Foul or dive? Motor contributions to judging ambiguous foul situations in football

  title={Foul or dive? Motor contributions to judging ambiguous foul situations in football},
  author={Peter G. Renden and Sander Kerstens and Ra{\^o}ul R. D. Oudejans and Rouwen Ca{\~n}al-Bruland},
  journal={European Journal of Sport Science},
  pages={S221 - S227}
Abstract Football (soccer) referees frequently face situations in which they have to distinguish dives and fouls. Yet, little is known about the contributing factors that characterise the ability to judge these ambiguous situations correctly. To this end, in the current article we tested the hypothesis that motor experience of observers contributes to the visual identification of deceptive actions. Thereto, we asked skilled football referees, skilled football players, wheelchair bounded… 

The Effect of Blurred Perceptual Training on the Decision Making of Skilled Football Referees

A positive change in response accuracy from pre to post-test when compared with normal-footage training is provided a promising indication of the potential efficacy of blurred-Footage training for referees to attune to the kinematic information that characterizes a foul.

Into the Eyes of the Referee: A Comparison of Elite and Sub-Elite Football Referees’ On-Field Visual Search Behaviour when making Foul Judgements

In foul decision-making by football referees, visual search is important for gathering task-specific information to determine whether a foul has occurred. Yet, little is known about the visual search

Judgement bias in predicting the success of one’s own basketball free throws but not those of others

Results revealed that players showed an especial skill judgement bias towards judging balls ‘in’ at the foul line, but not at other distances, and this bias was only present in those who judged the success of their own shots,but not in thoseWho judged the shots performed by someone else.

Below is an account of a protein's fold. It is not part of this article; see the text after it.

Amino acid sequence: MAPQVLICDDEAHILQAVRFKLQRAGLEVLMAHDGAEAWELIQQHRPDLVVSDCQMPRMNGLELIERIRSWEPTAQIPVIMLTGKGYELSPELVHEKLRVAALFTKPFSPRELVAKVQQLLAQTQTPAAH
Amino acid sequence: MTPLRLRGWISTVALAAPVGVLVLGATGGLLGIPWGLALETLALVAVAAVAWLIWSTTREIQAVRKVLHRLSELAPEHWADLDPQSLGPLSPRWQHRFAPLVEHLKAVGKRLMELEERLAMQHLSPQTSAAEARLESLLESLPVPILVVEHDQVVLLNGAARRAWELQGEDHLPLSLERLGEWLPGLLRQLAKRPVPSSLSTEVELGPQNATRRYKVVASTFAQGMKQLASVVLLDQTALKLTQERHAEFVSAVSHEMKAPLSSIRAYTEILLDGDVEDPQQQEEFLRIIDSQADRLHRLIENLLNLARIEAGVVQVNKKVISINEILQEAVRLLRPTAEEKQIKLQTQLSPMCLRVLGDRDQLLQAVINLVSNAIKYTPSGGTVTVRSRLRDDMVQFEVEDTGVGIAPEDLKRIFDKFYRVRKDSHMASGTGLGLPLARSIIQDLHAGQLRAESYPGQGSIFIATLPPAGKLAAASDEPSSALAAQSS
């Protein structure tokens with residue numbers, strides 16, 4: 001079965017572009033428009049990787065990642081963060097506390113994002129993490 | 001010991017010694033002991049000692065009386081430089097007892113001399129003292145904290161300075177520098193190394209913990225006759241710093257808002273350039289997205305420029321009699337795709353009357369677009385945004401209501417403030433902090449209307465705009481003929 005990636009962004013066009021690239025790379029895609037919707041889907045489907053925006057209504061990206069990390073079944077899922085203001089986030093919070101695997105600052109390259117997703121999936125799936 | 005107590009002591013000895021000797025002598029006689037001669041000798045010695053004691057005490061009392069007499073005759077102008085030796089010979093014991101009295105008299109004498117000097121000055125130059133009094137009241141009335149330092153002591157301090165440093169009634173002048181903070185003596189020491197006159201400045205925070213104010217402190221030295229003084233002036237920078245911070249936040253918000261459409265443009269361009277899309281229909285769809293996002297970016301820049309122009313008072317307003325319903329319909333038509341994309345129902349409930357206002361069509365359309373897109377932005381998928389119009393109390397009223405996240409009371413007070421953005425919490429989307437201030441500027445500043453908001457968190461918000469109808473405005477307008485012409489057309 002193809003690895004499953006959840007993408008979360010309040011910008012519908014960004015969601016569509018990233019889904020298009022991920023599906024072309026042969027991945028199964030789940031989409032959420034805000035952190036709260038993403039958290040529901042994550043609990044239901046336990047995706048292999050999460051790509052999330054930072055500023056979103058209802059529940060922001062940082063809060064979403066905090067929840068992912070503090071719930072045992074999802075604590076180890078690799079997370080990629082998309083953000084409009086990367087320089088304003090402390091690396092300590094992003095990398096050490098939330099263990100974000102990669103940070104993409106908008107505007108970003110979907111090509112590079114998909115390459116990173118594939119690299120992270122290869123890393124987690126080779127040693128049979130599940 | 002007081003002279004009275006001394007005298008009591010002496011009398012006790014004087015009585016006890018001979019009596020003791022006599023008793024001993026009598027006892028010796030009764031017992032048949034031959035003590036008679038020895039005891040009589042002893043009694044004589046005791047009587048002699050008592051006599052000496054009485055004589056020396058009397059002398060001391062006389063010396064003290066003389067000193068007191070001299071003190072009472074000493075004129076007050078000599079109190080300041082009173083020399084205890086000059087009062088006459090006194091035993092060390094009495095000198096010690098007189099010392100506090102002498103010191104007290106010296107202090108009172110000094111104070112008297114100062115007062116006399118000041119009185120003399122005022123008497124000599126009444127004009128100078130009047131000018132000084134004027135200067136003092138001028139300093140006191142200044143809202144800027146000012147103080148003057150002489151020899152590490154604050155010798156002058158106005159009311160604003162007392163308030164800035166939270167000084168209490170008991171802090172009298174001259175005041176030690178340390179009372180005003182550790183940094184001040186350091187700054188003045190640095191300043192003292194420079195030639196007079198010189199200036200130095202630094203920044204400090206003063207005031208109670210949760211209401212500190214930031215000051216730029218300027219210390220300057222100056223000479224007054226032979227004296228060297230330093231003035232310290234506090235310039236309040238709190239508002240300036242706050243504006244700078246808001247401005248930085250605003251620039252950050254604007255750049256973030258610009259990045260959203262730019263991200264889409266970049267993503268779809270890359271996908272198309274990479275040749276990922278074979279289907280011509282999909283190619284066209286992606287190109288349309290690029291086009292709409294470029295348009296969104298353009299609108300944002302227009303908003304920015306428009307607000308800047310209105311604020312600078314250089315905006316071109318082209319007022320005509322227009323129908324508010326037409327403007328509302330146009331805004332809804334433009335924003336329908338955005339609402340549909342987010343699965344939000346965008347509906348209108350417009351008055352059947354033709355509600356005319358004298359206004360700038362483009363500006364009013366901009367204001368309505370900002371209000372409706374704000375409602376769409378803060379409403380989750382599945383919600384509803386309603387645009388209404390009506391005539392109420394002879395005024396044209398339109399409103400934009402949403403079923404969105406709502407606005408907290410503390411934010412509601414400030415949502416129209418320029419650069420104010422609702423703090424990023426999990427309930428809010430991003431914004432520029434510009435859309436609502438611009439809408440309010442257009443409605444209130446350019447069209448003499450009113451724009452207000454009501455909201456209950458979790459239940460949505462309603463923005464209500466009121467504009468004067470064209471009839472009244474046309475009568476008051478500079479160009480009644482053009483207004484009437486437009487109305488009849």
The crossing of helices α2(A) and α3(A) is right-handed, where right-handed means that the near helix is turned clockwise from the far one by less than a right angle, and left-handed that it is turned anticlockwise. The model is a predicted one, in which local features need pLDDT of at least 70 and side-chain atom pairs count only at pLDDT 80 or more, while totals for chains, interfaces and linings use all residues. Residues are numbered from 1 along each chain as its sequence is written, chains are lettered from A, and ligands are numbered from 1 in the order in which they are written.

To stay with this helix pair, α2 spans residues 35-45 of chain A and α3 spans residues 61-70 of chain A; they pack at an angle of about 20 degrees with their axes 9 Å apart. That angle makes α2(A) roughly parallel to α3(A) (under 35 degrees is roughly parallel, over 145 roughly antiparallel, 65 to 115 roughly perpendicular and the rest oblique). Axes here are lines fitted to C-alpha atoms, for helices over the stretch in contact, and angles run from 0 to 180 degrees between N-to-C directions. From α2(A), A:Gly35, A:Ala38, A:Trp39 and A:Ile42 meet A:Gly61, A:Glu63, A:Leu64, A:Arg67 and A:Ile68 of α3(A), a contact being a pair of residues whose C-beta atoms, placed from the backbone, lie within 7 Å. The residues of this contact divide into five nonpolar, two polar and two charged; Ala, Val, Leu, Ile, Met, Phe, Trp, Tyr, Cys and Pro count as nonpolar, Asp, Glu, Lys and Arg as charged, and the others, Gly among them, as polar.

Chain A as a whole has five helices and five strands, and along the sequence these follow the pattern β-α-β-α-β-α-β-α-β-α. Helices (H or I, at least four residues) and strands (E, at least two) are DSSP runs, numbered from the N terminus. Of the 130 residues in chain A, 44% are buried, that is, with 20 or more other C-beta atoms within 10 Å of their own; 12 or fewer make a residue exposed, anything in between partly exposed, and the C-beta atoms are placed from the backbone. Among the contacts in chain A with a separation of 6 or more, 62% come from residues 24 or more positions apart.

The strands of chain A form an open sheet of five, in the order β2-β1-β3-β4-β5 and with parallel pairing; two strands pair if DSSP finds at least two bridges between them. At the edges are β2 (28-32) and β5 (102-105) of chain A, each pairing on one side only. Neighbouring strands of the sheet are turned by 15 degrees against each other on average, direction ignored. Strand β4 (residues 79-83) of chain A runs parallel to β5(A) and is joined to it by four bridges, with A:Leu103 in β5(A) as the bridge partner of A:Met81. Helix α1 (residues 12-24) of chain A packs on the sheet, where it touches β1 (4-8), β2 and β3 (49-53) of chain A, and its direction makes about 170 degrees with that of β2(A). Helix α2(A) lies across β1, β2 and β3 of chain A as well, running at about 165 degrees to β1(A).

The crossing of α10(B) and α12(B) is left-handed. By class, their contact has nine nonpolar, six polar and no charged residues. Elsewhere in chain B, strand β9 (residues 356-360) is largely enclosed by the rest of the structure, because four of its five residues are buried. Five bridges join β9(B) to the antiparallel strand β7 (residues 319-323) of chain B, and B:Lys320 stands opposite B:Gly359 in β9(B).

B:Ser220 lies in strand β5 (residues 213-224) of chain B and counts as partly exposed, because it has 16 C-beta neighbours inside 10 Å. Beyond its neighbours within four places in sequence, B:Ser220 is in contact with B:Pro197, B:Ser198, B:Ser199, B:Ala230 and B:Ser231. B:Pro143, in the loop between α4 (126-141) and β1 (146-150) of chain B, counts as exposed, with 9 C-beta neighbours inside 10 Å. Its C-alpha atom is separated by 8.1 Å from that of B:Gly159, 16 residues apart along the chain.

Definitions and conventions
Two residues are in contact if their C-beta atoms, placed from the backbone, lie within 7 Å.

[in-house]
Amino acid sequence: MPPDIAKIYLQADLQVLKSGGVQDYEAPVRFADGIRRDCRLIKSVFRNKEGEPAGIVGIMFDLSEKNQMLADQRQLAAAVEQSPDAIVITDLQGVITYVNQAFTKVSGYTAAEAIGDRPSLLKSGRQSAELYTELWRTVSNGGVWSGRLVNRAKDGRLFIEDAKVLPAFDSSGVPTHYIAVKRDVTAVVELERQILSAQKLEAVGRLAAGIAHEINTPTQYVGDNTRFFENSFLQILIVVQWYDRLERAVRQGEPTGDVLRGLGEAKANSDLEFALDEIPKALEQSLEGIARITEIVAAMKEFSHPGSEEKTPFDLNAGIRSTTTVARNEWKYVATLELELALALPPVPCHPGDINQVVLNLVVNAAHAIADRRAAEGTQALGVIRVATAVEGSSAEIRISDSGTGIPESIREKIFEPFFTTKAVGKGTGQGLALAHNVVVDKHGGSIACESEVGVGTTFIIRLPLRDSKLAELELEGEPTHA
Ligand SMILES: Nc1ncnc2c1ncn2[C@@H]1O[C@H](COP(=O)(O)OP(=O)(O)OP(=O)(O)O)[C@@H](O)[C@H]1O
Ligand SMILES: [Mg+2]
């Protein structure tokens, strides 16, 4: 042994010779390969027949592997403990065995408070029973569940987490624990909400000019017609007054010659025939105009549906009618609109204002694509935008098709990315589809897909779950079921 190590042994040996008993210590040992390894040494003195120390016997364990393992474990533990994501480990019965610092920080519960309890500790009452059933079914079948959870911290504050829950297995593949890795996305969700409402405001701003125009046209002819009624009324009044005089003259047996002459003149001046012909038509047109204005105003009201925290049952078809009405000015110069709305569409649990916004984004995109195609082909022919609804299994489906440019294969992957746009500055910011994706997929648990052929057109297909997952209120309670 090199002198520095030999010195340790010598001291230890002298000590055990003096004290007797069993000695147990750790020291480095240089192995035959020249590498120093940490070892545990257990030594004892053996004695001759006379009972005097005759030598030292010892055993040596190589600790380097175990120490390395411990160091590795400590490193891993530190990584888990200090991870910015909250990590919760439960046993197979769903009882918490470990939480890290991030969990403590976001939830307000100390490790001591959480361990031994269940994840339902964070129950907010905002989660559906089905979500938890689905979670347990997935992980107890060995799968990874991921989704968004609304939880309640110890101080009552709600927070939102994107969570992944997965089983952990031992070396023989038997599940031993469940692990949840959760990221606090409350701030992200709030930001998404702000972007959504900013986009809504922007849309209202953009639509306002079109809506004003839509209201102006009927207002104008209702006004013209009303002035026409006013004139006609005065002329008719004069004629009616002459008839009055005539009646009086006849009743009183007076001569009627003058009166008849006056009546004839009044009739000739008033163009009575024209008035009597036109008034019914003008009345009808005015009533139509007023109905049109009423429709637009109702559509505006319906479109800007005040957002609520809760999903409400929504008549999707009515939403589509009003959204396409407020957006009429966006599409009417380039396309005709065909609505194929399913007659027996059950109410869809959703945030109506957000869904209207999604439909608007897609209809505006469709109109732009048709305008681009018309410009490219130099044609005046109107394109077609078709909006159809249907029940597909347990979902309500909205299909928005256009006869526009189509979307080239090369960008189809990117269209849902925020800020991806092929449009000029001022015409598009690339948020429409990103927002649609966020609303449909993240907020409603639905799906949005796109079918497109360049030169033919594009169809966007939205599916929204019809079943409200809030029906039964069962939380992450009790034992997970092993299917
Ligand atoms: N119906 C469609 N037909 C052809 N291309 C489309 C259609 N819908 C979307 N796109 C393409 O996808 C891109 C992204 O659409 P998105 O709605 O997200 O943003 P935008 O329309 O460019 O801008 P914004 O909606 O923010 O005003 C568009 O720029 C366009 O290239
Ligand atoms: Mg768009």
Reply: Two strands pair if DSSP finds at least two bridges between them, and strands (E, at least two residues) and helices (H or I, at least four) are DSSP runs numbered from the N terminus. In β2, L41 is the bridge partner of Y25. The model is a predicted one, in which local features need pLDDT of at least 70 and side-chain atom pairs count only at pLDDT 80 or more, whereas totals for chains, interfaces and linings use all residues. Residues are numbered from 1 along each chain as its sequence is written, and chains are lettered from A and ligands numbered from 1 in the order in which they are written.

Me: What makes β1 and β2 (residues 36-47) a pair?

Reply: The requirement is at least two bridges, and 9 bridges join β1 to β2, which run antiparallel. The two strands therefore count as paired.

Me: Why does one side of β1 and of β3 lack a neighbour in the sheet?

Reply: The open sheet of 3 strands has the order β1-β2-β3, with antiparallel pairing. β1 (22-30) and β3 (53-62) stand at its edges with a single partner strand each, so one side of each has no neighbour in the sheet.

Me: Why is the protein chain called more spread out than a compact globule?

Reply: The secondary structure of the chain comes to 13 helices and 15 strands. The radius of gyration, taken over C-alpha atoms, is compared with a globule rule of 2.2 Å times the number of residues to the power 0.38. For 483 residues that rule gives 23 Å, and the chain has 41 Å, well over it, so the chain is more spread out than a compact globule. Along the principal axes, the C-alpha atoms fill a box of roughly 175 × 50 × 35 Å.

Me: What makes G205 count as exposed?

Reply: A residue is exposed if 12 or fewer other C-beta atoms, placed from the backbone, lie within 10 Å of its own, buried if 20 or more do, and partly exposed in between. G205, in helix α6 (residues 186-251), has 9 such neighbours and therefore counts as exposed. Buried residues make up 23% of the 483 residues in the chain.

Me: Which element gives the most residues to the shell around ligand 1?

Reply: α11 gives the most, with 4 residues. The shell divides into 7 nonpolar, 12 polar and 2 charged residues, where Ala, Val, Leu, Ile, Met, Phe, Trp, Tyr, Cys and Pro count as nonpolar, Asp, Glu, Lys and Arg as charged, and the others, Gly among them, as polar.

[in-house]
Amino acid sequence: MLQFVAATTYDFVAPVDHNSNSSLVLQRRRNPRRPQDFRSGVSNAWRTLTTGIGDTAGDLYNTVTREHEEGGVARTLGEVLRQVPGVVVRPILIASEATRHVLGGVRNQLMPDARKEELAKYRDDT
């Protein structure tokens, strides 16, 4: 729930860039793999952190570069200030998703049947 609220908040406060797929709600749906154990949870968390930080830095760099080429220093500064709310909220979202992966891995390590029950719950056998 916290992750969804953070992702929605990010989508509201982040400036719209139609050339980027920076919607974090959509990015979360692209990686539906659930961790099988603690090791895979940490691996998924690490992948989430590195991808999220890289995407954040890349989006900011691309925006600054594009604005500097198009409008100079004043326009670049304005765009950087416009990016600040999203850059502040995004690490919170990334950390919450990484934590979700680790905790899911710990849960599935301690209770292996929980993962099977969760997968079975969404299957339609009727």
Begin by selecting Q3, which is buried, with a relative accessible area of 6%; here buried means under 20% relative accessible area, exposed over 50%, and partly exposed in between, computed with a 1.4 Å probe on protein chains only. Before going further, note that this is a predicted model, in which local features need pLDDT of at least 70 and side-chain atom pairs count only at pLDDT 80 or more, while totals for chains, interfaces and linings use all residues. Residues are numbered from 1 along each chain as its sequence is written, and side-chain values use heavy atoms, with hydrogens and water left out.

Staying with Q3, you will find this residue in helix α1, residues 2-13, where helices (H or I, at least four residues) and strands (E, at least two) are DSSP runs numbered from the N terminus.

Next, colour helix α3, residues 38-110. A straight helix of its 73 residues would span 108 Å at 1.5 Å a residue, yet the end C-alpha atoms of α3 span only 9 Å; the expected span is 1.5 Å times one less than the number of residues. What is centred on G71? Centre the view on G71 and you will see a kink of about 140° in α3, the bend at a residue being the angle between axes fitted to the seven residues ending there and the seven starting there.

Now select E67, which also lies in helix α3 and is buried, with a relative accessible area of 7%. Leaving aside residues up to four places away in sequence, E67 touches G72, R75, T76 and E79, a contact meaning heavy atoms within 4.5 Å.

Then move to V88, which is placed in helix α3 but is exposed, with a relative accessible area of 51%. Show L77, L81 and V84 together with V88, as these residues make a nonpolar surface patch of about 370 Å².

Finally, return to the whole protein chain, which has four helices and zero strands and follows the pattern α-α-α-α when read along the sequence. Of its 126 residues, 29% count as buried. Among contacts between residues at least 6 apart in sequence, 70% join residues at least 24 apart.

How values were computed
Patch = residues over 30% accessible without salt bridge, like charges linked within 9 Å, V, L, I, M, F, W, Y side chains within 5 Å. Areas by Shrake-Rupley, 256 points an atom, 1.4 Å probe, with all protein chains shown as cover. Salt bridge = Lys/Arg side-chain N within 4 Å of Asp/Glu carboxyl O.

The Perception of Deceptive Information Can Be Enhanced by Training That Removes Superficial Visual Information

The findings demonstrate that training which conveys only the basic kinematic movements visible in low-SF information may be effective in learning to ‘see-through’ deceptive intent.

To dive or not to dive in the penalty area? The questionable art of deception in soccer

In the current observational study, we aimed to examine the questionable use of the diving act in the penalty area in soccer. The study is based on 339 events in 160 filmed games played in Division 1

Effects of past and current motor experiences as soccer players in decision-making of amateur soccer referees

ABSTRACT The aim of the study was to address the influence of past and current motor experiences as soccer players in a sample of amateur soccer referees when judging ambiguous foul situations

The role of embodied cognition in sports officiating

Sports officials are responsible for the correct enforcement of laws and regulations at sporting competitions and games. To meet these high expectations and making correct judgments and the right

Searching for Judgment Biases Among Elite Basketball Referees

Analyzing the referees’ decisions in 250 instances of collisions between an attacking player and a defender found no evidence of favoritism granted to the home team, to star players, or to high-reputation teams, or of small players being tackled by significantly larger opponents.



Response bias in judging deceptive movements.

Differentiating Experts' Anticipatory Skills in Beach Volleyball

Results showed that expert players and coaches outperformed the expert referees and the control group in the latest occlusion condition (i.e., at spiker-ball contact) and suggest that perceptual-motor expertise may contribute to successful action anticipation in beach volleyball.

Tackling Diving: The Perception of Deceptive Intentions in Association Football (Soccer)

The three studies reported examine judgment about the attempts of footballers (soccer players) to deceptively exaggerate the effect of a tackle. Study one reveals that non-professional participants

Action anticipation and motor resonance in elite basketball players

Results suggest that achieving excellence in sports may be related to the fine-tuning of specific anticipatory 'resonance' mechanisms that endow elite athletes' brains with the ability to predict others' actions ahead of their realization.

Examination of gaze behaviors under in situ and video simulation task constraints reveals differences in information pickup for perception and action

The data suggest that gaze and movement behaviors function differently, depending on the experimental task constraints selected for empirical investigations, and highlight the need for research on perceptual— motor behaviors to be conducted in representative experimental conditions to allow appropriate generalization of conclusions to performance environments.

Action observation and acquired motor skills: an FMRI study with expert dancers.

The results show that this 'mirror system' integrates observed actions of others with an individual's personal motor repertoire, and suggest that the human brain understands actions by motor simulation.